This study was approved by the Board of advance study and Research (BASR), The Islamia University of Bahawalpur and Institutional ethical committee, Faculty of Pharmacy and Alternative Medicine, The Islamia University of Bahawalpur. The Reference No. is 1663.

Burchard tests (patch tests

On the first day of skin testing, patch tests were performed on the forearms of each volunteer. A 5 cm Χ 4 cm region was marked on the forearms. The patch (Bandage disc) for the right forearm was saturated with 1.0 g of Base, whereas the patch for left forearm was saturated with 1.0 g of Formulation. Each of these was applied to the 5 cm Χ 4 cm marked regions separately on each forearm. The regions were covered with the surgical dressing after application. The patches were removed after 48 h and the forearms were washed with physiological saline. [16] After 48 h, scores were recorded for the presence of erythema (skin redness) using a scale with four points from 0 to 3, where 0 stands for absence of erythema, 1 for mild erythema, 2 for moderate erythema, and 3 stands for severe erythema. Each volunteer was asked to note their irritation/itching toward the patches and then assign a score from the same scale. Average score with respect to volunteers is given in [Table 1].

Panel test

Every individual was provided with a performa prepared previously to test the sensory values of creams. This consisted of seven parameters to be evaluated and every parameter was assigned 11 values from −5 to +5 indicating very bad to very good, respectively. This performa was to be completed independently by each individual at the end of the study period. From the average reply of volunteers it was concluded that Base and Formulation were felt well on the skin, produced a pleasant feeling on application to the skin and produced no irritation on the skin in both the cases, i.e., Base and Formulation, as these were assigned 0.00 point for irritation by all the volunteers. Shine on skin was more for Formulation. This was expected since the Formulation contained essential fatty acids. Similarly, the Formulation led to more softness of the skin than Base.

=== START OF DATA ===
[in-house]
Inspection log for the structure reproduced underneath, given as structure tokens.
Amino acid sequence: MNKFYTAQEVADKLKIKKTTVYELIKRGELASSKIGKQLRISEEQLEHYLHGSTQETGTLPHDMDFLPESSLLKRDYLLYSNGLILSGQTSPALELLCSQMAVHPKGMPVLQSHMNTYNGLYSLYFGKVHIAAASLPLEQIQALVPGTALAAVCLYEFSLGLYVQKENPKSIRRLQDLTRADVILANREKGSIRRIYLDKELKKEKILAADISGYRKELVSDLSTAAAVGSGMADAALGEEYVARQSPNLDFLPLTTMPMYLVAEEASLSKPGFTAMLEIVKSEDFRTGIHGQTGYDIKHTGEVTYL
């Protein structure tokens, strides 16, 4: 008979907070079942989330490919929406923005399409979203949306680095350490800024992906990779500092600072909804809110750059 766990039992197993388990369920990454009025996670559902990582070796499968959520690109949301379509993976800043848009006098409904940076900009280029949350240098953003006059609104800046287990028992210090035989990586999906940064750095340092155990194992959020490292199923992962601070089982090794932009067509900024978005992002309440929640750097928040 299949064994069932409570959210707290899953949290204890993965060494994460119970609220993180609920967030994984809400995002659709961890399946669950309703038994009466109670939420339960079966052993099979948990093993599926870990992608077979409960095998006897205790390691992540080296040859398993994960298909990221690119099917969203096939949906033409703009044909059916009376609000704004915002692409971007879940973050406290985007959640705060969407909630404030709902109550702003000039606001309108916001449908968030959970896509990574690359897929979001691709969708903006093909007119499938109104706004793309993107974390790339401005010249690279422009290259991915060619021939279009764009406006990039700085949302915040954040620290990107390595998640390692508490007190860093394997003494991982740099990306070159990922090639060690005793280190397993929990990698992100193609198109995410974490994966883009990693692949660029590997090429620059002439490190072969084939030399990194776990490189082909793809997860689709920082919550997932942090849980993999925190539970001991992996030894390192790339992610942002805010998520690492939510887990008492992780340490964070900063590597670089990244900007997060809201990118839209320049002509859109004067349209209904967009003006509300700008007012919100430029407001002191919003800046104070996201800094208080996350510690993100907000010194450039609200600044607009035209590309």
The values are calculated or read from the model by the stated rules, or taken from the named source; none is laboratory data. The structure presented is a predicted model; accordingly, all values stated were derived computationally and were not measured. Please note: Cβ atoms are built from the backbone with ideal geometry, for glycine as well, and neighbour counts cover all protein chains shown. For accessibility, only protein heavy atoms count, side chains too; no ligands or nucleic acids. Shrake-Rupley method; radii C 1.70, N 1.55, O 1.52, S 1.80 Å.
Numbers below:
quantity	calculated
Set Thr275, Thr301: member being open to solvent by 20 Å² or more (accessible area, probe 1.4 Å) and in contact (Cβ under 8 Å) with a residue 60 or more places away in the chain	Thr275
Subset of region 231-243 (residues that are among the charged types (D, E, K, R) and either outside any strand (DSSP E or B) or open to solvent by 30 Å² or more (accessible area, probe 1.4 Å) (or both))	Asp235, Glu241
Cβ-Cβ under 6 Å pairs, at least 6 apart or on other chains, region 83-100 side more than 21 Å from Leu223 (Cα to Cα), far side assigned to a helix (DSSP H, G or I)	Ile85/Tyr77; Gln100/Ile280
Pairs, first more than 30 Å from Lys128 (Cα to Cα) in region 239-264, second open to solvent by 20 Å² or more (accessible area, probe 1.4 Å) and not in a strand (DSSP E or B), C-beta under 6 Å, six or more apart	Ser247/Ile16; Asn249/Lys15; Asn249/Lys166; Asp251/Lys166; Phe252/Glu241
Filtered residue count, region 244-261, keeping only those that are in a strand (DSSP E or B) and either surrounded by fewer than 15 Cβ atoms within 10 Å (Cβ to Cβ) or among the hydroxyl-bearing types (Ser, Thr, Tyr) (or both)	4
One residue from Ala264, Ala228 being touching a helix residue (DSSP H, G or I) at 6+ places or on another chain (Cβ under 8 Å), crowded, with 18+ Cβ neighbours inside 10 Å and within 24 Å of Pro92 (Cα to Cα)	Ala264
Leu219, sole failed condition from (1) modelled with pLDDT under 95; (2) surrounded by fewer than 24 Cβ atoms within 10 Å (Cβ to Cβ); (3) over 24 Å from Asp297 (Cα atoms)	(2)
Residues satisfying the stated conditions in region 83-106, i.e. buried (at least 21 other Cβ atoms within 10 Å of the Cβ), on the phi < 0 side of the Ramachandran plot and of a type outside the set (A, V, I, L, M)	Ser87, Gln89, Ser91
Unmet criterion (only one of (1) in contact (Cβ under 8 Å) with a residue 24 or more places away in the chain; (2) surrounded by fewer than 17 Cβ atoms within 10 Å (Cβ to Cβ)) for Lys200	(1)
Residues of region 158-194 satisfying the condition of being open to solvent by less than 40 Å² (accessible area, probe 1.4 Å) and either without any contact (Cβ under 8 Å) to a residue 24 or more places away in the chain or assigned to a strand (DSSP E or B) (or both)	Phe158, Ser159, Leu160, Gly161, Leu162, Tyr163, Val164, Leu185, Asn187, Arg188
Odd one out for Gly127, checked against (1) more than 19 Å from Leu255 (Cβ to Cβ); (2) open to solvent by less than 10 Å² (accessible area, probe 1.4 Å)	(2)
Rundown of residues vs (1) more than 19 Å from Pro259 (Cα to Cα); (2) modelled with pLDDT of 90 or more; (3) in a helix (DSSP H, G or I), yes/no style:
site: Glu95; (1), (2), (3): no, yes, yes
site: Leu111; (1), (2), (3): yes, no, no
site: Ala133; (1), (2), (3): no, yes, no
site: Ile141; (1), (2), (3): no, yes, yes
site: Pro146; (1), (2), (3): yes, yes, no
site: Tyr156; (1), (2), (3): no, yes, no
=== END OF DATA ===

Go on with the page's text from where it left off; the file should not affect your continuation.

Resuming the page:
It was found from paired sample t-test that there was an insignificant difference between the average points of sensitivity for Base and Formulation. It was concluded that there was no immense variation between Base and Formulation regarding the sensory evaluation. Both the creams have similar performance from the sensory point of view [Table 2].

Mathematical analysis

The percentage changes for the individual values of skin-sebum, taken every week, of volunteers were calculated by the following formula:

percentage change=[(A - B)/B]*100 …….. (1)

where A is the Individual value of any parameter of first, second, third, fourth, sixth, or eighth week and B is the zero hour value of that parameter.

Statistical analysis

The measured values obtained for pH and sebum secretion were analyzed using SPSS version 12.0 on the PC [paired samples t-test for variation between the two preparations; two-way analysis of variance (ANOVA) for variation between different time intervals while using a 5% level of significance].


   Results Top


Stability testing (centrifugation and phase separation)

Centrifugation tests for Base and Formulation, kept at different storage conditions, were performed using a centrifuge for a period of 4 weeks at different time intervals. No phase separation after centrifugation was found in any of the samples of Base and Formulation kept at 8, 25, and 40°C + 75% RH. However, slight phase separation was observed for the samples of Formulation and Base kept at 40°C after 21 days time period.

pH tests

The pH values of freshly prepared Base and Formulation were 5.61 and 5.18, respectively. Average changes in pH values of Base and Formulation, kept at various storage conditions, occurring from the time of preparation up to fourth week of study period have been determined and are shown in [Table 3]. The pH values were noted immediately after preparation and then after 12,24,36,48 and 72 h and then first, second, third and fourth weeks.

Skin sebum

Skin sebum secretion was measured before application of creams (0 h readings) and then at first, second, third, fourth, sixth, and eighth weeks of study period by Sebumeter MPA 5 (Courage and Khazaka GmbH Germany). The percent changes occurring in the values for 10 volunteers were calculated, using Equation 1 and they are presented in [Table 4] .


   Discussion Top


Stability testing